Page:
It was basic, cheap, great fun and was once more met with smiles and a friendly welcome from the locals.
Which was more than can be said for the taxi rides home, which headed out of town before we finally convinced them they were going the wrong way and a lengthy debate ensued about exactly where we wanted to go.
Reto’s fairly polished French and my scratchy interventions discovered that our driver not only had no idea where The Sleeping Camel was, but seemingly denied all knowledge of the German Embassy, the nearby Pont des Martyrs and even the Niger River. None of us attempted a translation of “turn left at the footballing hippo”.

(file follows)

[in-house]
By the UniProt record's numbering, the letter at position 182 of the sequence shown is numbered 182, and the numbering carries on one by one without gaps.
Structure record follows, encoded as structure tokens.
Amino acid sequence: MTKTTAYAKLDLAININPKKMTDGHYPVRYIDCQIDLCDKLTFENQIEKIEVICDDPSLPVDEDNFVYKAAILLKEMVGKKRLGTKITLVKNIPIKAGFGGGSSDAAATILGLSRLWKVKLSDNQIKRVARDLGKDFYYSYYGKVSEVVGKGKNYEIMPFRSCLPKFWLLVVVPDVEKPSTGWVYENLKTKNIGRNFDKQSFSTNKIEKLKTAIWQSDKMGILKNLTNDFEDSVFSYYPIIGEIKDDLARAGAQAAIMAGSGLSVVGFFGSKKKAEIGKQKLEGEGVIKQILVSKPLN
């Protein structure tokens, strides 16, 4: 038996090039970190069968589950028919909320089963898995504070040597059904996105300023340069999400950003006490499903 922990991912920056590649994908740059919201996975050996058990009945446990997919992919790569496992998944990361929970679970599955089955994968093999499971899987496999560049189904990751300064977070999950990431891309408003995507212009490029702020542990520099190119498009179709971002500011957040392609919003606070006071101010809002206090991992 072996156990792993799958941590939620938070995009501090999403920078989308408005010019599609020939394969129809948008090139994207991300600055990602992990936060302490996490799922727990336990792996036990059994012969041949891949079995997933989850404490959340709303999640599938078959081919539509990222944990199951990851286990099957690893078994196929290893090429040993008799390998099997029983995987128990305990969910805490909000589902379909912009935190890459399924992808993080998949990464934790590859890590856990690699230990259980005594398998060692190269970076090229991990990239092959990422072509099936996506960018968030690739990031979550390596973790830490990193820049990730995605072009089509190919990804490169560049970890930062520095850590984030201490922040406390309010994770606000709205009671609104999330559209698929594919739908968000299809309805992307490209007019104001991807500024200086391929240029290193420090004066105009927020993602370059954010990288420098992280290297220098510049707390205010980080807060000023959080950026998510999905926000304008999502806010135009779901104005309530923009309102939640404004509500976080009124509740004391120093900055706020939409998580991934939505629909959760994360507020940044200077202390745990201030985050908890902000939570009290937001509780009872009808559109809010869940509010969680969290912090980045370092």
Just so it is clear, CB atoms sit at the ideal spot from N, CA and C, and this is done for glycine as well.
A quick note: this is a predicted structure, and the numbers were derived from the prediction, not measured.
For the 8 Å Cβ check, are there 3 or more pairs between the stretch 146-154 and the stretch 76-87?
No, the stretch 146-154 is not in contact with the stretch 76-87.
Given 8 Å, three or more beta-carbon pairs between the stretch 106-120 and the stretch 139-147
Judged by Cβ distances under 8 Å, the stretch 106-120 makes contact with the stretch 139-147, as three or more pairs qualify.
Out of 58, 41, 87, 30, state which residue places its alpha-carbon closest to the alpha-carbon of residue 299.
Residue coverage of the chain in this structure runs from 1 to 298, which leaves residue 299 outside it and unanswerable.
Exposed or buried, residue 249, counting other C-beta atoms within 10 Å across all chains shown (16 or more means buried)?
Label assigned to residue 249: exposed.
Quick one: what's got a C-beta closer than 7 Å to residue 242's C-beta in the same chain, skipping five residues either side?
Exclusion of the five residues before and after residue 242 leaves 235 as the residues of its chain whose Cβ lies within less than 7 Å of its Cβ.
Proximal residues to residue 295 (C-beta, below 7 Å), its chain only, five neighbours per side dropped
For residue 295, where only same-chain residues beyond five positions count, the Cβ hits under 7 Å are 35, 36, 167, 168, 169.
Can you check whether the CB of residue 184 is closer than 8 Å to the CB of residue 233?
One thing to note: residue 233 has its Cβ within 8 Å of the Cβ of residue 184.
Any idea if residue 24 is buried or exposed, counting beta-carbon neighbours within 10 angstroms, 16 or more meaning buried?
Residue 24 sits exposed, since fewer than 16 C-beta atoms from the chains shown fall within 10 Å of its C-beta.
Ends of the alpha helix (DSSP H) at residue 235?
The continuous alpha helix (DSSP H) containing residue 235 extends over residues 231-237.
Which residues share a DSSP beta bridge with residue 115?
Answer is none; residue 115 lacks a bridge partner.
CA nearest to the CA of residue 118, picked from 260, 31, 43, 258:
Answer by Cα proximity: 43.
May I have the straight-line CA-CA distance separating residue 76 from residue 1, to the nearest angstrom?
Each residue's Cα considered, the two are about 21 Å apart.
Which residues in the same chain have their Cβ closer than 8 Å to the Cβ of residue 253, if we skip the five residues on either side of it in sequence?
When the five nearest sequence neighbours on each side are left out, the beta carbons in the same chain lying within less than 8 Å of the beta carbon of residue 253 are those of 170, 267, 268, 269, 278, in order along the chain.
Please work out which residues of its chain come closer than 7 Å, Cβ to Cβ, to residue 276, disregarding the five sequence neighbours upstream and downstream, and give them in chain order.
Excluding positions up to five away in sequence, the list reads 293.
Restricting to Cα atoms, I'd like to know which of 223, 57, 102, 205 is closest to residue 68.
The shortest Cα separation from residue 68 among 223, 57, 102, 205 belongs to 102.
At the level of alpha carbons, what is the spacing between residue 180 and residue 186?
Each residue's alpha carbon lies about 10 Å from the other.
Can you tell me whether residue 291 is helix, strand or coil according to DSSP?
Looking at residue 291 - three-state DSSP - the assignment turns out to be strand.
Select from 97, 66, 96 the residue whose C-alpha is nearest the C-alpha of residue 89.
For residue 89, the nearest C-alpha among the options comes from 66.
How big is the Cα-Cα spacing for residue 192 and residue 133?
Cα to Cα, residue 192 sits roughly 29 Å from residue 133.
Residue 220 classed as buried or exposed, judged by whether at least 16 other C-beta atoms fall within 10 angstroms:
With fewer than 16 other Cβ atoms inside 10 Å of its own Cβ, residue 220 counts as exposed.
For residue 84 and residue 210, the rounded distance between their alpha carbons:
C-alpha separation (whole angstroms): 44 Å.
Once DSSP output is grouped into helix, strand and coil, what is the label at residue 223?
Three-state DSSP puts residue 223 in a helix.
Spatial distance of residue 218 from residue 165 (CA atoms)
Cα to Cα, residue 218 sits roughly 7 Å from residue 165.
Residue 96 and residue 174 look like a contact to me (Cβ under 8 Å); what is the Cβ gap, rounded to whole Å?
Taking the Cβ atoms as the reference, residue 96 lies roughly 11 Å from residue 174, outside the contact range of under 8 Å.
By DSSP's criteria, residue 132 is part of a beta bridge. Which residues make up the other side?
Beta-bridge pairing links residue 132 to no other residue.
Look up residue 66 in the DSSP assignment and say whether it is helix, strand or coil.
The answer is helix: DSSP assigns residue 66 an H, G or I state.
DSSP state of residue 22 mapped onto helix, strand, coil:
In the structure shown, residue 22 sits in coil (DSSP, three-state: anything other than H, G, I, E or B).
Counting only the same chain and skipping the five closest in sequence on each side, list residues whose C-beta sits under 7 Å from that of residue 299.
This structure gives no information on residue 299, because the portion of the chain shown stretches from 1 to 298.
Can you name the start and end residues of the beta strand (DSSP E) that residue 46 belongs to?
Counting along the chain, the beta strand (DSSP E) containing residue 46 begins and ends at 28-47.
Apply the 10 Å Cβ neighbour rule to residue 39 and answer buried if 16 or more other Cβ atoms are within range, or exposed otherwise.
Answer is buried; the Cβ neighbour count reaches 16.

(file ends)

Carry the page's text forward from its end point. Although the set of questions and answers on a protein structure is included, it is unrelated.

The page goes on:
Our group trip the next night, to mark Linda’s birthday, was rather more successful in finding our way around – starting with a relaxing, sunset boat trip down the Niger with eskies full of cold beers helping to get things off to a flying start.
A blissful way to spend an early evening, but reminders of just why we are not really meant to be there lurk as jarring pillars of reality – the impressive building courtesy of cash from Gaddafi’s Libya next to the home of a former president sentenced to death three times, standing side by side on the river with the rubbish-strewn banks among which many of the locals live, wash and do their best to exist.
A few more beers followed over a couple of other stops as we were ferried around town in one of the ubiquitous green vans that carry the locals around, invariably with at least one of two people hanging from the open doors.
Our evening came to an end, at various different times, with some live music that bid us a tuneful farewell to an unexpectedly vibrant, essential stop.